Quest for Energy encourages us to think about our energy consumption and way of life to get closer to achieving zero environmental impact. For eons, the residents of this precious and isolated region have survived in the dark, lit by smelly and dim kerosene lamps. They even resort to burning wood to cook. 1.3 Billion people currently live like this around the world.
The people of the Sunderbans live less than hundred miles away from Kolkata, India, residing in the largest wetland in the world adjacent to one of the most populated urban areas of the world. The Sundarbans is a World Heritage site that boasts of about two hundred-fifty wild, white Bengal tigers. In this region, only fifty-two of the hundred-two islands are human-inhabited. These islanders have witnessed massive flooding and realize their islands will be under water because of rising sea levels from climate change. Two islands recently disappeared. The UN reports that 75% of the landmass will be under water due to climate change. Four million islanders risk losing everything, their homes, farmland, animal stock, and their lives.
In the 1990s, the West Bengal government commissioned the West Bengal Renewable Energy Development Agency to electrify its off-grid population without contributing to the degradation of the tender wetland ecosystem. Low cost coal is not an option.
The residents voted to acquire clean energy. Now, three of the fifty-two occupied islands have electricity from a hybrid mini-grid power plant that uses wood to make a biogas, without producing climate-changing emissions. Replenishment of used wood through replantation of new trees makes this process sustainable. But, only about six hundred homes enjoy an electrical connection. How about the other forty-nine islands?
These islanders power their CFL bulbs, fans, television sets, DVD players, cell phones, computers and other appliances from large renewable charged batteries.
Solar panels purchased from local solar shops can be seen on rooftops and straw huts. A local hospital's solar panels has permitted emergency operations using simple lights and modern vital-sign machines and cured illnesses by administering vaccines kept in cold storage.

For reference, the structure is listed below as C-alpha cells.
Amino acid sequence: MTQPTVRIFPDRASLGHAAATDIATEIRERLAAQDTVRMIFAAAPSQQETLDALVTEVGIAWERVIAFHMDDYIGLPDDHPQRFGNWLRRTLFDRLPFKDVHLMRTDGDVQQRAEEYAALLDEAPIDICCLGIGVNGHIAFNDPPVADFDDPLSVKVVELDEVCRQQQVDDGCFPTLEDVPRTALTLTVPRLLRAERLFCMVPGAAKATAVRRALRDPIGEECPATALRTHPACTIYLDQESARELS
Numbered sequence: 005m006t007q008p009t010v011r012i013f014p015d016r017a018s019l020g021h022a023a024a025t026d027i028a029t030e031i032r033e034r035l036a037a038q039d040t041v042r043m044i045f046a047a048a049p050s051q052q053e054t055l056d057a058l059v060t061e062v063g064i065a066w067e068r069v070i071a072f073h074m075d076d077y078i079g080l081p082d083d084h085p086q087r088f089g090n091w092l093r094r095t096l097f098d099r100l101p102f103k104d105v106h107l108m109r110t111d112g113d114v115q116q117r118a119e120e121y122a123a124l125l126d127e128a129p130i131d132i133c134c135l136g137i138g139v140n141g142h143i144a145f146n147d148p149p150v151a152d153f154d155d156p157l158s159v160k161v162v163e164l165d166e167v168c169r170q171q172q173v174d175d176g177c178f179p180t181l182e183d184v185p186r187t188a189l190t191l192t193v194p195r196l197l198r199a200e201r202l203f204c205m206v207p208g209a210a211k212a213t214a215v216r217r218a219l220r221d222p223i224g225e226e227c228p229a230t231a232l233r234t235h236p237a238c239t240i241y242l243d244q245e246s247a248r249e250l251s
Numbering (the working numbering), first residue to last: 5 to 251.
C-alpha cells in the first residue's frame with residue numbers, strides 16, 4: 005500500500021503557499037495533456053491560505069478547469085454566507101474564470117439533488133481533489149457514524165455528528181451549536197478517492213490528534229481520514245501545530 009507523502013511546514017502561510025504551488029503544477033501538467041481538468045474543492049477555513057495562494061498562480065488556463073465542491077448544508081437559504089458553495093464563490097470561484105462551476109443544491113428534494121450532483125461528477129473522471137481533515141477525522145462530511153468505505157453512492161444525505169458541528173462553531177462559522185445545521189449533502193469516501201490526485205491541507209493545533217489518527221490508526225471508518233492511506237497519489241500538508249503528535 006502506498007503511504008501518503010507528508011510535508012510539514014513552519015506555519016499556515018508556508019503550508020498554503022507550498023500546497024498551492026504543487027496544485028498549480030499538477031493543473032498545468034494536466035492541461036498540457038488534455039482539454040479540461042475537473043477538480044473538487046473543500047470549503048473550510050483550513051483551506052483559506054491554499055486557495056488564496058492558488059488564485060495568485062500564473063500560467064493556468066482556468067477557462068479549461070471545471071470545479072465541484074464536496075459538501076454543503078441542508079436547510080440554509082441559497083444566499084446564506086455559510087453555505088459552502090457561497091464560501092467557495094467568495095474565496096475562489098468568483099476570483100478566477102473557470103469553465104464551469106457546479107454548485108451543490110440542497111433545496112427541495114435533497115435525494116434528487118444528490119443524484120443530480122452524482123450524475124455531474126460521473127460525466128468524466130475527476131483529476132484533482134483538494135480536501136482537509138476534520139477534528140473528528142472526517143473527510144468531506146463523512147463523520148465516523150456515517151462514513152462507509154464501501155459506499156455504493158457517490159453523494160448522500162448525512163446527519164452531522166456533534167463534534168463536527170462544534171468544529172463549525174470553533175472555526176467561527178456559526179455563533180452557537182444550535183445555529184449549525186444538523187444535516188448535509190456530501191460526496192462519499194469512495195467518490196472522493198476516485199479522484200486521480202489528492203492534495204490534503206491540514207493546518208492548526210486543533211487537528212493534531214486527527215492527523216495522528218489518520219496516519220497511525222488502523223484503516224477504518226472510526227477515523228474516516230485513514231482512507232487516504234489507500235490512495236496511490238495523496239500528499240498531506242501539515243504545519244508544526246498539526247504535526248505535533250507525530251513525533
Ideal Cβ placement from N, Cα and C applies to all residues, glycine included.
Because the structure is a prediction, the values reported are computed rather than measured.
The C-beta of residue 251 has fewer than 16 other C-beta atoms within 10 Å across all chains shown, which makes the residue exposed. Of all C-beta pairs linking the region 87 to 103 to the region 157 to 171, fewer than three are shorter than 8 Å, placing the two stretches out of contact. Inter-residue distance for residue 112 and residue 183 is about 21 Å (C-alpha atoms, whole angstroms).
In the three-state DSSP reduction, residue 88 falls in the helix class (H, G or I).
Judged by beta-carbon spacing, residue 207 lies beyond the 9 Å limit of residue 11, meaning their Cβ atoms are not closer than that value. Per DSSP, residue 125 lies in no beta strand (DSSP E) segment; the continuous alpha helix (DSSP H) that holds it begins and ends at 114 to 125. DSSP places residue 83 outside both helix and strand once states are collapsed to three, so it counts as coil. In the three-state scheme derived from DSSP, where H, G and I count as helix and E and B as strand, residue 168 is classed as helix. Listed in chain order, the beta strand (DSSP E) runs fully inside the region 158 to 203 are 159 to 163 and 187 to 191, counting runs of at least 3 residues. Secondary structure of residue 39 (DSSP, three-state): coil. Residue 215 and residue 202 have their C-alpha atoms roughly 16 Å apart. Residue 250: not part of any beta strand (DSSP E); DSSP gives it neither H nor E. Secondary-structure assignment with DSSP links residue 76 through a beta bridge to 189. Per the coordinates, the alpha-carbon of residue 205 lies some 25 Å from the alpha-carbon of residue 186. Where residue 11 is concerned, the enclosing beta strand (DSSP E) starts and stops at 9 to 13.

For cooking - burning firewood and kerosene, caused burns and even deaths and smoke inhalation problems. Now, manure pits supply ample natural cooking gas from fermented cow manure for a safe and fast cooking experience. It produces zero emissions.
Many films are made about solar use and renewable energy. Why this one? This film is not to educate us about what we can do in the developed world. The film is made to make us aware of what 1.3 billion off-grid people in the rest of the world can do to enter the 21st century in a sustainable way while producing no carbon-footprint.
What is the meaning of the title?
The quest for energy is the search for a higher standard of living by the impoverished and simple villagers and farmers of the Sundarbans region. The region is wedged between India and Bangladesh. Their journey in 2012 is the path we did not take in the Industrial Age, when the rest of the developed world burned coal and fossil fuels for energy. Their quest is also for clean energy to maintain their most precious resource, their environment.
"Living and Shooting Off-Grid"
Shooting in the Sundarbans, India, was not easy. The 102F temperature and 99% humidity bear down on the skin with a ton of weight. During rainy season, I slipped on the wet clay shore and fell onto the video camera while trying to board the boat. The shooting process produced zero carbon emissions because even battery charging and transporting video files onto hard drives was powered by the local hybrid mini-grid power plant.
The film budget was under $8,000 over a course of three years and three trips to the location. Partial funding was from PSC-CUNY Research Grant, a Leonard & Tow Travel Grant, personal funds and support from co-producer colleagues like Micha Tomkiewicz and Ryoya Terao. Other CUNY faculty and students who have significantly contributed to this project are Associate Professor Erik Larson, Chin Sheng "William" Hsieh, and Linda Brieda.